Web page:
Jeep World Outside Festival

This Jeep-sponsored traveling all-day festival is billing itself as a "musical celebration of the outside active lifestyle," but that's nonsense--the only reason you should feel at all compelled to go is to check out what reasonably talented people can do with expensive recording equipment inside darkened rooms that cost a whole lot to rent by the hour. Still, clever move in picking Sheryl Crow to headline: "Soak Up the Sun," the lead single from her new C'mon, C'mon, is like Southern California shrink-wrapped and delivered to your doorstep by 8 a.m., a grainless smoothie of unctuous guitar finery and gooey El Lay harmonies that tells a preposterous story about working-class ennui but feels like lying by the pool until it's time to wake up and spend some more money (or clock into your crappy dishwashing job, whichever goes with your tube-top).

Unfortunately, soft-rock dullards Train and Tonic don't guarantee that type of transport in their freeze-dried studio stuff, though Tonic's homely "If You Could Only See" might take you back to the days when inchoate Replacements/Soul Asylum approximations actually found sympathizers at alt-rock radio. (It might also remind you that Dishwalla really existed.) Young New England guitar-strummer Howie Day would've possibly fit onto the radio then as a cuter Shawn Mullins, but now he's got his own booming singer-songwriter thing to glom onto (and a pleasant, just-re-released-by-Sony debut called Australia to promote), so on Thursday he'll likely come off as a cuter David Gray with a hankering for those dreamy sex songs Dave Matthews sometimes plays. Remy Shand's got his own sex songs--a whole album of them, actually. Motown Records swears Shand made the mildly seductive The Way I Feel all by himself in his bedroom in his parents' house in Winnipeg, Canada (which, to be fair, is way too lame to make up), but it's hard to say how Sheryl Crow's flock will take to a young white guy trying really hard to channel Stevie Wonder. Or the whitewater kayakers, for that matter.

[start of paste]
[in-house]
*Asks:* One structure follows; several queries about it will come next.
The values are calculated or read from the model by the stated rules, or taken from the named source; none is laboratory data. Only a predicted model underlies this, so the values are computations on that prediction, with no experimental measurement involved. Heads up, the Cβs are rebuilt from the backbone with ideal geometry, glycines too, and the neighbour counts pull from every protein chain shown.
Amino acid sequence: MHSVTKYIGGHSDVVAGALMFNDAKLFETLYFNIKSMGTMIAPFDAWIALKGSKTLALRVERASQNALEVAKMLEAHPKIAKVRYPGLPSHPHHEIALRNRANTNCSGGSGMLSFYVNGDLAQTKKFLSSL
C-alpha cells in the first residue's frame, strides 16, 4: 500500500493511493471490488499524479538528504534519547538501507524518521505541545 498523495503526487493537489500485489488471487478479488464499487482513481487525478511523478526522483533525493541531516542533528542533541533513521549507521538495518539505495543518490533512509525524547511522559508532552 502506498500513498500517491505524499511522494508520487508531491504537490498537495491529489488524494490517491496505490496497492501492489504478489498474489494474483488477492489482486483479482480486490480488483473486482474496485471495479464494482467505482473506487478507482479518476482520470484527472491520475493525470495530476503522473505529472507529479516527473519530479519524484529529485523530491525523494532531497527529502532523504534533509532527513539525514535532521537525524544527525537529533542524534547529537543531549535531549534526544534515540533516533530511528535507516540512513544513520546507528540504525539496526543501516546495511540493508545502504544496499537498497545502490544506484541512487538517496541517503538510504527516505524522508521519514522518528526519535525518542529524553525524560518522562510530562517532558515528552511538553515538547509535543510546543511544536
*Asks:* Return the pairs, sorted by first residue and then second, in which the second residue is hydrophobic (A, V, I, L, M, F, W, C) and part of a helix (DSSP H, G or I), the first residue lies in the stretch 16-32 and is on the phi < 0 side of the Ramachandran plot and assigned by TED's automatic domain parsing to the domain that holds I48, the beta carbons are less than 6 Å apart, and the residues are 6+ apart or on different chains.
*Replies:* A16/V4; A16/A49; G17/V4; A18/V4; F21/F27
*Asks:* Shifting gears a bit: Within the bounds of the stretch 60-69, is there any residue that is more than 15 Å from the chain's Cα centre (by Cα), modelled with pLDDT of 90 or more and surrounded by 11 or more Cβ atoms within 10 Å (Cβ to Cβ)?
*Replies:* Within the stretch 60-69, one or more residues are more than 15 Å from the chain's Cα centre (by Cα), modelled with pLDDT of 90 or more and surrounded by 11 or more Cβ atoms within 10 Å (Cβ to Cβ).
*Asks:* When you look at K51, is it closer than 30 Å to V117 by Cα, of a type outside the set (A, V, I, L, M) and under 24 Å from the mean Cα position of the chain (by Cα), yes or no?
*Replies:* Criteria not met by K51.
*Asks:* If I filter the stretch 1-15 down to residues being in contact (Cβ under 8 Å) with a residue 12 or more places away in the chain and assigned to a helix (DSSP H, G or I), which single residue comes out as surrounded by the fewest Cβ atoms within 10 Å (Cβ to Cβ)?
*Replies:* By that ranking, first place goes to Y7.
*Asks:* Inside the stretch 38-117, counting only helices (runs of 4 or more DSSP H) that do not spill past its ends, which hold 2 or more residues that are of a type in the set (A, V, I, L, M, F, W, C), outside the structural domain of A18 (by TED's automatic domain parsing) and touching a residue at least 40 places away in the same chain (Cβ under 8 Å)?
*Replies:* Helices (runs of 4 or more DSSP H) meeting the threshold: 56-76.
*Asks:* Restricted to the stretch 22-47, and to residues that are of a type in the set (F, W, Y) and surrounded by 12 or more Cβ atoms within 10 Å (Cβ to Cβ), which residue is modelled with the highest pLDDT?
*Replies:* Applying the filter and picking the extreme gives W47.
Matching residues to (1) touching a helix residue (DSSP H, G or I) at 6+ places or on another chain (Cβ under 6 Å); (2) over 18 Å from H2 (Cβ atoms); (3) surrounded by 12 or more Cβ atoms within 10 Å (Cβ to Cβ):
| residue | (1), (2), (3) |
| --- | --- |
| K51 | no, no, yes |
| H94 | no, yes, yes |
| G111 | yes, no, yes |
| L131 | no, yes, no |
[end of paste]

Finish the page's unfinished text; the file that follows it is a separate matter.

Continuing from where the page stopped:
KEEP THE DALLAS OBSERVER FREE... Since we started the Dallas Observer, it has been defined as the free, independent voice of Dallas, and we'd like to keep it that way. With local media under siege, it's more important than ever for us to rally support behind funding our local journalism. You can help by participating in our "I Support" program, allowing us to keep offering readers access to our incisive coverage of local news, food and culture with no paywalls.
Mikael Wood